recommend for simulation to

lower left-turn determine value.

volumes than

other methods.

“Separate Guidelines

turning checked against

lane…promote maximum

the safety of all probability of

traffic.” conflict of 0.01.

Recommends that

the designer

consider potential

crashes.

Table 4. Summary of State Methods.

State Primary Method Also Include Consideration of

Texas Green Book

Mississippi Harmelink Crashes and sight distance

New York Green Book Crashes and sight distance

Missouri

Left turn exceeds 100 vph

Crashes and sight distance

Ohio

Green Book

Left turn exceeds 100 vph in peak period or

20% of total directional approach design

volumes

Utah Left turn exceeds 25 vph

Idaho

Unique graphs, in many cases 12 to 25 design

hour volume of left turns

Crashes (4 per year on an existing

approach)


Fitzpatrick and Wolff 12

Opposing Volume (vph)

Opposing Volume (vph)

800

600

400

200

0

0 100 200 300 400 500 600 700 800

Advancing Volume (vph)

UT AASHTO NCHRP 279 & 457 Oppenlander & Bianchi NCHRP 348 IDT

Figure 9. Comparison of Left-Turn Lane Installation Guidelines for 10% Left Turns,

40 mph (64 km/h), Two-Lane Highways.

800

600

400

200

0

0 100 200 300 400 500 600 700 800

Advancing Volume (vph)

AASHTO NCHRP 279 & 457 Oppenlander & Bianchi IDT

Figure 10. Comparison of Left-Turn Lane Installation Guidelines for 10% Left Turns,

55 mph (89 km/h), Two-Lane Highways.

2 nd Urban Street Symposium (Anaheim, California) — July 28-30, 2003


Fitzpatrick and Wolff 13

Opposing Volume (vph)

800

600

400

200

0

0 100 200 300 400 500 600 700 800

Advancing Volume (vph)

NCHRP 279 & 457 Oppenlander & Bianchi, Undivided Oppenlander & Bianchi, Divided

IDT, for inside lanes Hawley and Stover

Figure 11. Comparison of Left-Turn Lane Installation Guidelines for 10% Left Turns,

55 mph (89 km/h), Four-Lane Highways.

2 nd Urban Street Symposium (Anaheim, California) — July 28-30, 2003


Fitzpatrick and Wolff 14

Several state methods only use a left-turn requirement; hence those methods are not shown in

Figures 9 and 10 because advancing or opposing volume requirements are not included. They

are shown in Figures 12 and 13 with left-turn volume being on the y axis for 40 and 55 mph

(64 and 89 km/h), respectively. The left-turn lane should be considered when the volume plots

above or to the right of a curve. In most cases, the methods that use only left-turn volumes

recommend a left-turn lane at lower volumes than the method present in the AASHTO Green

Book.

Left-Turn Volume (vph)

220

200

180

160

140

120

100

80

60

40

20

0

0 100 200 300 400 500 600

Advancing Volume (vph)

Utah NCHRP 279 & 457 AASHTO

Oppenlander & Bianchi Missouri Idaho

NCHRP 348 Modur et al. Ohio

Figure 12. Comparison of Left-Turn Lane Installation Guidelines for Opposing Volume of

400 vph, 40 mph (64 km/h), Two-Lane Highways.

2 nd Urban Street Symposium (Anaheim, California) — July 28-30, 2003


Fitzpatrick and Wolff 15

Left-Turn Volume (vph)

220

200

180

160

140

120

100

80

60

40

20

0

0 100 200 300 400 500 600

Advancing Volume (vph)

Utah NCHRP 279 & 457 AASHTO

Oppenlander & Bianchi Missouri Idaho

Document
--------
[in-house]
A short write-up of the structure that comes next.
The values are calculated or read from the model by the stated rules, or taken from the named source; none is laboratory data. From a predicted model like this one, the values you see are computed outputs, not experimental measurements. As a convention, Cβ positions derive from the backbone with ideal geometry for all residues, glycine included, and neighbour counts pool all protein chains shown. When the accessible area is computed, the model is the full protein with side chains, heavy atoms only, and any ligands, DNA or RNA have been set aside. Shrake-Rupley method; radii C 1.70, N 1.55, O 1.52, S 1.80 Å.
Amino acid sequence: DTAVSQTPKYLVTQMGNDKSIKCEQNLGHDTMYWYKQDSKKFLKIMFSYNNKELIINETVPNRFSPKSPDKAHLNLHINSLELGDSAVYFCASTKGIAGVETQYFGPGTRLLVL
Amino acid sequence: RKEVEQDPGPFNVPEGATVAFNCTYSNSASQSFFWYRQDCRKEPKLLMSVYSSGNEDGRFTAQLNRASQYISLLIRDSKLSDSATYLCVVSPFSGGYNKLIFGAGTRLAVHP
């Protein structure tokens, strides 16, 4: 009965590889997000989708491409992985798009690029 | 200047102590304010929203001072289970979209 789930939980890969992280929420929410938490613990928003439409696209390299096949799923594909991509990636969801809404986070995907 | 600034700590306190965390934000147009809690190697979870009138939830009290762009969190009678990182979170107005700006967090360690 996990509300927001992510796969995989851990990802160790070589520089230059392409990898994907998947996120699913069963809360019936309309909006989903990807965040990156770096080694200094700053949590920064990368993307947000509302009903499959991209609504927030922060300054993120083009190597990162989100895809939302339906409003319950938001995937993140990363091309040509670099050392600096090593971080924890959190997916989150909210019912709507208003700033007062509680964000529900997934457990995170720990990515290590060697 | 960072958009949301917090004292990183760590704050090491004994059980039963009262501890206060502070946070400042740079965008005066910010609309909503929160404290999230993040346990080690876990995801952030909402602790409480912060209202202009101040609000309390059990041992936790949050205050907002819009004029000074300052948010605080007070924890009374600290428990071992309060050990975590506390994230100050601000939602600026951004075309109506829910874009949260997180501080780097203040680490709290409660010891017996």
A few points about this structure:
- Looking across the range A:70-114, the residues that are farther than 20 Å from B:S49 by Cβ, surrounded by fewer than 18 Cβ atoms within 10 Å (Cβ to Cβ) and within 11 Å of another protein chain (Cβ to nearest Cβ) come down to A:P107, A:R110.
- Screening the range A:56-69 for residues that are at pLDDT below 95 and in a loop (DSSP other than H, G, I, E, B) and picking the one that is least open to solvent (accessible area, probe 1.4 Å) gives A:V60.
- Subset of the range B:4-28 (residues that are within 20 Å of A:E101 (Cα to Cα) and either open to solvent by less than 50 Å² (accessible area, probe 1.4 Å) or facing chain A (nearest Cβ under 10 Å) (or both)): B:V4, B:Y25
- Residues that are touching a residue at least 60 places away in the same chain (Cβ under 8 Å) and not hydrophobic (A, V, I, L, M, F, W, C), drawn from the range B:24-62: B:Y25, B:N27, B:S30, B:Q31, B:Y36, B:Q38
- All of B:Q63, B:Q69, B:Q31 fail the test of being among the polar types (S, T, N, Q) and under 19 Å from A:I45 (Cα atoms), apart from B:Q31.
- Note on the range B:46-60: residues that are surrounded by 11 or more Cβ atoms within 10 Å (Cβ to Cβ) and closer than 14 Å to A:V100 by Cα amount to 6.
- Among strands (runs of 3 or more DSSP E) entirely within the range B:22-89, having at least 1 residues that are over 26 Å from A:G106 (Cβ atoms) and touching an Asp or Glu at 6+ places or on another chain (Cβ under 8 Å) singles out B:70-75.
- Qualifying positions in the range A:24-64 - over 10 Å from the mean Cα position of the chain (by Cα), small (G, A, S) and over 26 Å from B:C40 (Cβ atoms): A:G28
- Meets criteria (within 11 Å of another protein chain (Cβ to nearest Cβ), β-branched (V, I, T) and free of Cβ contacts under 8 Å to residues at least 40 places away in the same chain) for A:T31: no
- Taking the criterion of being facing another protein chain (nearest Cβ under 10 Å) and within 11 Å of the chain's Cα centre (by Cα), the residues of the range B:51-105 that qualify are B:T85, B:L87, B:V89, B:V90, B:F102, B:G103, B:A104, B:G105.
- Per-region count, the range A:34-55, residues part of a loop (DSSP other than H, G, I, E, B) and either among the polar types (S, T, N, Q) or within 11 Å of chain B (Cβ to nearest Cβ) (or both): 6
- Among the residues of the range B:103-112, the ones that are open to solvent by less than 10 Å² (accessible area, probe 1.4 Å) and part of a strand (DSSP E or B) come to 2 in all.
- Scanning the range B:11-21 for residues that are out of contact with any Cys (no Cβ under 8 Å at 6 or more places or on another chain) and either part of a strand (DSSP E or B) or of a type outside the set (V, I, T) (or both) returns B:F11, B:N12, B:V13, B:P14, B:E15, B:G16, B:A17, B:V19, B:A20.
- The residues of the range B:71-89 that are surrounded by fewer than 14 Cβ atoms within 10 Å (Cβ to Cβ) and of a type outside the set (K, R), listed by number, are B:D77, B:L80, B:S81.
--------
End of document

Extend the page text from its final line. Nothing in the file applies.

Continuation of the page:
Ohio

Figure 13. Comparison of Left-Turn Lane Installation Guidelines for Opposing Volume of

400 vph, 55 mph (89 km/h), Two-Lane Highways.

UPDATING OF ASSUMPTIONS

In many design manuals, a procedure based on the Harmelink model is the accepted approach.

The guidelines developed by Harmelink include the following assumptions:

• Probability of a through vehicle arriving behind a stopped left-turning vehicle should not

exceed 0.02 for 40 mph (64 km/h), 0.015 for 50 mph (80 km/h), and 0.010 for 60 mph (96

km/h).

• Arrival-time and service-time distributions are negative exponential.

• Average time required for making a left turn is 3.0 sec for two-lane highways and 4.0 sec for

four-lane highways as determined from field studies.

• Critical headway in the opposing traffic stream for a left-turn maneuver is 5.0 sec on twolane

highways and 6.0 sec on four-lane highway as determined from field studies.

• Average time required for a left-turning vehicle to clear or “exit” from the advancing lane is

1.9 sec as determined from field studies.

2 nd Urban Street Symposium (Anaheim, California) — July 28-30, 2003


Fitzpatrick and Wolff 16

Probability of Through Vehicle Arrival

Harmelink’s assumption for avoiding the arrival of a vehicle behind a left-turning vehicle was

scaled to the speed of the facility. He had a lower probability for the higher speed roadways.

This assumption should be reflected in calculations for other operating speeds, such as using

0.025 for 30 mph (48 km/h) and 0.005 for 70 mph (113 km/h).

Critical Headway

Several recent research projects have determined the critical gap for use in intersection sight

distance calculations and unsignalized intersection capacity analysis. As reported by

Harwood et al., 21 Kyte et al. recommended a critical gap value of 4.2 sec for left turns from the

major road by passenger cars for inclusion in the unsignalized intersection analysis procedures of

the Highway Capacity Manual. 22 A heavy-vehicle adjustment of 1.0 sec for two-lane highways

and 2.0 sec for multilane highways was also recommended.

A study in Pennsylvania by Miscky and Mason recorded critical gap data for two intersections.

They used logistic regression and found critical gaps for a 50 percent probability of acceptance

of 4.6 and 5.3 sec. 23 They also found 85 th percentile gaps of 5.5 and 5.9 sec at the two

intersections.

It is reasonable that design policies should be more conservative than operational criteria such as

the Highway Capacity Manual. Using a higher critical gap value, such as the value accepted by

85 percent of the drivers rather than the gap accepted by only 50 percent of the drivers, would